$10 Adults, $8 Seniors/Students with ID, free for Museum Members.
As an expression of faith and identity, cultures throughout the world engage in ritual as an effective means to create and define meaningful interactions, spaces and outcomes. This talk will explore the historical and cultural roots of traditional customs, rituals, and folkways known among the Pennsylvania Dutch as Braucherei, or powwowing. Blessings, inscriptions, objects, and procedures will provide an overview of ritual traditions used primarily for the healing and protection of humans and their domesticated animals. Descriptions of powwowing throughout three centuries will demonstrate the ways in which ritual is still very much an active force in the present, human endeavor to heal physical and existential concerns and satisfy the hunger for meaning in everyday life.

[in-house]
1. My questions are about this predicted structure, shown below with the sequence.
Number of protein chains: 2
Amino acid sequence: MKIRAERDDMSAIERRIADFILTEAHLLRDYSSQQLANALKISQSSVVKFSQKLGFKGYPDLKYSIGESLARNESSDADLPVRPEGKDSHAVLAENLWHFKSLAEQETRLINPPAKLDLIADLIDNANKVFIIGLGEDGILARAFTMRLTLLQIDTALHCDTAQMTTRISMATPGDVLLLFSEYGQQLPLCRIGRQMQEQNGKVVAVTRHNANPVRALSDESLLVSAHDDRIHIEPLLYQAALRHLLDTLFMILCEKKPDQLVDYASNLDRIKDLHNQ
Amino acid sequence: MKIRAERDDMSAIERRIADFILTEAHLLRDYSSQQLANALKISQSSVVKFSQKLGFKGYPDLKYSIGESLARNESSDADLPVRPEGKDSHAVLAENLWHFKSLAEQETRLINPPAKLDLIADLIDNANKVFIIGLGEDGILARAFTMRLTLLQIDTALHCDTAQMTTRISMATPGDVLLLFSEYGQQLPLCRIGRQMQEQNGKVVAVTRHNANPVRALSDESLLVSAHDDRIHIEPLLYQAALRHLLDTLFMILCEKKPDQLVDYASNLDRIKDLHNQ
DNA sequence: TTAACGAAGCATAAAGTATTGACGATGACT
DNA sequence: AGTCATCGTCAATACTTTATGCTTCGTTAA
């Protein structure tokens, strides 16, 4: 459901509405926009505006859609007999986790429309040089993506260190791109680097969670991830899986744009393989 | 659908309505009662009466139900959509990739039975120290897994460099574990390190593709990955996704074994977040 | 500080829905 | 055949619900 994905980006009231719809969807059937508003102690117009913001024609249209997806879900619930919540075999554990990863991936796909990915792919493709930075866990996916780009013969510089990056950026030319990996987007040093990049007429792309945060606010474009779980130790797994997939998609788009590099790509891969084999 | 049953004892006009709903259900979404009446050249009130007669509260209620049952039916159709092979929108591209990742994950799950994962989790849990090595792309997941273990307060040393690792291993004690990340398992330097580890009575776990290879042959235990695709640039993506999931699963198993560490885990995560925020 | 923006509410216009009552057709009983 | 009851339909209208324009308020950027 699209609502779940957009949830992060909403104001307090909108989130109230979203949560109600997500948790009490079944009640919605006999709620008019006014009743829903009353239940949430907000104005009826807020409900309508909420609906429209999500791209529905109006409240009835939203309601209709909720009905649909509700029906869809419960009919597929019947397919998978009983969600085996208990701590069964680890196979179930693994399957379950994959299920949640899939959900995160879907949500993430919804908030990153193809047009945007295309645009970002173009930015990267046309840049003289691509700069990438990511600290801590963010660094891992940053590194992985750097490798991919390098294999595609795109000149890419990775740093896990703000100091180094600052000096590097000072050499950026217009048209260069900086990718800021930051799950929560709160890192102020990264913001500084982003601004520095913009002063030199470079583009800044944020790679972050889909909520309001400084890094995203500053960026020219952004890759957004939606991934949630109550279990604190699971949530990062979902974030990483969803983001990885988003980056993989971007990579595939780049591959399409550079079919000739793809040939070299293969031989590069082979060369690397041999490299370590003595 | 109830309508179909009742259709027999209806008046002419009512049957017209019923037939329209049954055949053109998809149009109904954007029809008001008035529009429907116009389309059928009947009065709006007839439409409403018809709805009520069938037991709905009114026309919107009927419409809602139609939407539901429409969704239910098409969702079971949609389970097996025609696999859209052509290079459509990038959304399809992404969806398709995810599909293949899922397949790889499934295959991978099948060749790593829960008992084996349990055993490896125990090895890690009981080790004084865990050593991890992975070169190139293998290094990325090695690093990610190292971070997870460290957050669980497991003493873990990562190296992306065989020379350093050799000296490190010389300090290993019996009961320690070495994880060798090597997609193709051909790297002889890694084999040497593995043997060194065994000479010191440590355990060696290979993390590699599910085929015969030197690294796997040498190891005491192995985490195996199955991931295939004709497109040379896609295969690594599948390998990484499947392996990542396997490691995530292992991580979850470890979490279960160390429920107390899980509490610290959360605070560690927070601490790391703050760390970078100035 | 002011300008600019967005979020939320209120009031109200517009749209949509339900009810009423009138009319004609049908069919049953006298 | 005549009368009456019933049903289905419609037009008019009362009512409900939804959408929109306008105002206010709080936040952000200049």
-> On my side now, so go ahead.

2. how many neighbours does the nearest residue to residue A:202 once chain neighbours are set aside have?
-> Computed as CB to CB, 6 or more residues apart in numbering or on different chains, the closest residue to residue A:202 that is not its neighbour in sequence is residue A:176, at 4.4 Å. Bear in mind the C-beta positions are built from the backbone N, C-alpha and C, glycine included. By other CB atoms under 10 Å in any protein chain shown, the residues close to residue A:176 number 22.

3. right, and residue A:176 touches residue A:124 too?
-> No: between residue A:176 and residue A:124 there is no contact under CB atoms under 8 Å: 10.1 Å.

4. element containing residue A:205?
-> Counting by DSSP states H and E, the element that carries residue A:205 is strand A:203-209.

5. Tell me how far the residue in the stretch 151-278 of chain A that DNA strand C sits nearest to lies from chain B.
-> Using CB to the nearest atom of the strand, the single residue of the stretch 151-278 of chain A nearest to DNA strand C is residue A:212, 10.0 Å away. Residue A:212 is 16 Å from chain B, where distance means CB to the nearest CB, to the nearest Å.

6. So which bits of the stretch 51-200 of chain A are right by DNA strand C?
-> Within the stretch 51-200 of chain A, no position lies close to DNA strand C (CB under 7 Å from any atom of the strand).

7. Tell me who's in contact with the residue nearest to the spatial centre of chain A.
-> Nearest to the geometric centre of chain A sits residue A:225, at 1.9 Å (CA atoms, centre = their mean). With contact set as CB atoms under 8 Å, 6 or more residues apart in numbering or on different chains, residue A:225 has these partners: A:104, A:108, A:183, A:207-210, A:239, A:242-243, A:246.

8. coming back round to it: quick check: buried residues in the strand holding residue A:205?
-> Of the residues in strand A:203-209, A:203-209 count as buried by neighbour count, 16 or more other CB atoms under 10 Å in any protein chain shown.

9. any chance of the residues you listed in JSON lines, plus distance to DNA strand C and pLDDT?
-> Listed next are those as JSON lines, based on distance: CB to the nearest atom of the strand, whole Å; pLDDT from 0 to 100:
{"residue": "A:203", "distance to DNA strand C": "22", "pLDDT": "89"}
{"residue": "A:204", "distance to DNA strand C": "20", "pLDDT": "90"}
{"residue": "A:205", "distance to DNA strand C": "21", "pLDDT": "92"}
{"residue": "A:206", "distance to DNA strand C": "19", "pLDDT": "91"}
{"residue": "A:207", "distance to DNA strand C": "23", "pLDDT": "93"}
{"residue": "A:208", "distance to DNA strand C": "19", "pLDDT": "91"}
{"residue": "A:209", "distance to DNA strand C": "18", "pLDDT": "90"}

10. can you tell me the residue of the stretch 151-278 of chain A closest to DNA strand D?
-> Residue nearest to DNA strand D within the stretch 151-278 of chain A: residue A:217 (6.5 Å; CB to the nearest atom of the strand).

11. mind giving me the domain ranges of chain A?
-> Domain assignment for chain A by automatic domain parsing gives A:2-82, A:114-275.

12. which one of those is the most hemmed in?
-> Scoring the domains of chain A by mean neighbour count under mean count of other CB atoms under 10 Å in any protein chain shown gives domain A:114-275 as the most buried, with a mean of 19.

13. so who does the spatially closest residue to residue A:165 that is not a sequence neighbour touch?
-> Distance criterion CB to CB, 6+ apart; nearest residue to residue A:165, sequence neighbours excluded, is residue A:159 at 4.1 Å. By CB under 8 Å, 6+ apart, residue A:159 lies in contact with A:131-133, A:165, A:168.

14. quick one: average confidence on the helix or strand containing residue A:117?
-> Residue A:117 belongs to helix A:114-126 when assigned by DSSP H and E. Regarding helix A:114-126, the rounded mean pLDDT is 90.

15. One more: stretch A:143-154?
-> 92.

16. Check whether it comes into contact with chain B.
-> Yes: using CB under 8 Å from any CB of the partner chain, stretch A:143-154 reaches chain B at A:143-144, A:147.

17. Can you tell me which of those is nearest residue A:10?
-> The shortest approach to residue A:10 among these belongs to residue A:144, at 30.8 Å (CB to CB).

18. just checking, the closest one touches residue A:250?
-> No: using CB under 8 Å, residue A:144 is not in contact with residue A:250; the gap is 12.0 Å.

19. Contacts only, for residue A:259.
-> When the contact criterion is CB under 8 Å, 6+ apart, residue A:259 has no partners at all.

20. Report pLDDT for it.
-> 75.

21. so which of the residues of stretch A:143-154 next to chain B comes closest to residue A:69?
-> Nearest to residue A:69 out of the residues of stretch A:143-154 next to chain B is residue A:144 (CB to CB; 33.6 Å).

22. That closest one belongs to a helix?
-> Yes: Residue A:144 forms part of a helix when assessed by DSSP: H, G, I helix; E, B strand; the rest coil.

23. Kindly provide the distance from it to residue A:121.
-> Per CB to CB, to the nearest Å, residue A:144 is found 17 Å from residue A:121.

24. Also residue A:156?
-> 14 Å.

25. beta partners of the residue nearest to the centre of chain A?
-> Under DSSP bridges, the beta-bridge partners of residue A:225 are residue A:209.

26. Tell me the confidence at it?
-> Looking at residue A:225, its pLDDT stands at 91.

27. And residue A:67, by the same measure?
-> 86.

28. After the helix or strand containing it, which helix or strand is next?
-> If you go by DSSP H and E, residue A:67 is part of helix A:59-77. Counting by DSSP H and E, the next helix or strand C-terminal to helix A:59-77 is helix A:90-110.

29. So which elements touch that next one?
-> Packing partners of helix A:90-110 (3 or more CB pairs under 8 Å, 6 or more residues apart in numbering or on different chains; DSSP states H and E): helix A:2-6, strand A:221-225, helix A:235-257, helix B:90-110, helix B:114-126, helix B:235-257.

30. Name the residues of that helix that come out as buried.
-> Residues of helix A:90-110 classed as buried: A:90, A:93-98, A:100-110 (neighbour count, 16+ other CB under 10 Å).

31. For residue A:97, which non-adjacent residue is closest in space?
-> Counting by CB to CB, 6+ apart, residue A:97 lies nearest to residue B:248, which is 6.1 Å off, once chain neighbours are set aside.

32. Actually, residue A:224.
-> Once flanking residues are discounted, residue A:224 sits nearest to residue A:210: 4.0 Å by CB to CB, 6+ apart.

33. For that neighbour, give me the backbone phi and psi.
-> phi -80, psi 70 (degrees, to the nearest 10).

Patrick Donmoyer, formerly of Lebanon, Pennsylvania, is the Director at the Pennsylvania German Cultural Heritage Center at Kutztown University, a folklife museum and research center on the Kutztown Campus. A fluent speaker of Pennsylvania Dutch and advocate for regional folk culture, Patrick’s work blends language, ritual traditions, and vernacular architecture in his folklife research. He is the author of numerous articles, and two books, the most recent of which is entitled "Hex Signs: Myth and Meaning in Pennsylvania Dutch Barn Stars" (2013), as well as "Der Freund in der Noth, or The Friend in Need: An Annotated Translation of an Early Pennsylvania Folk-Healing Manual" (2012). He also edited the posthumous work of Dr. Don Yoder, Father of the American Folklife Studies movement, entitled: "The German Bible in America" (2016), as well as the 25th Anniversary Edition of Dr. Yoder's folklife manifesto, "Discovering American Folklife" (2015), and dedicated an exhibition catalog entitled "Powwowing in Pennsylvania" (2015) to the legacy of Dr. Yoder. He is currently completing a forthcoming book, lecture series, and traveling exhibition on the ritual traditions of the Pennsylvania Dutch.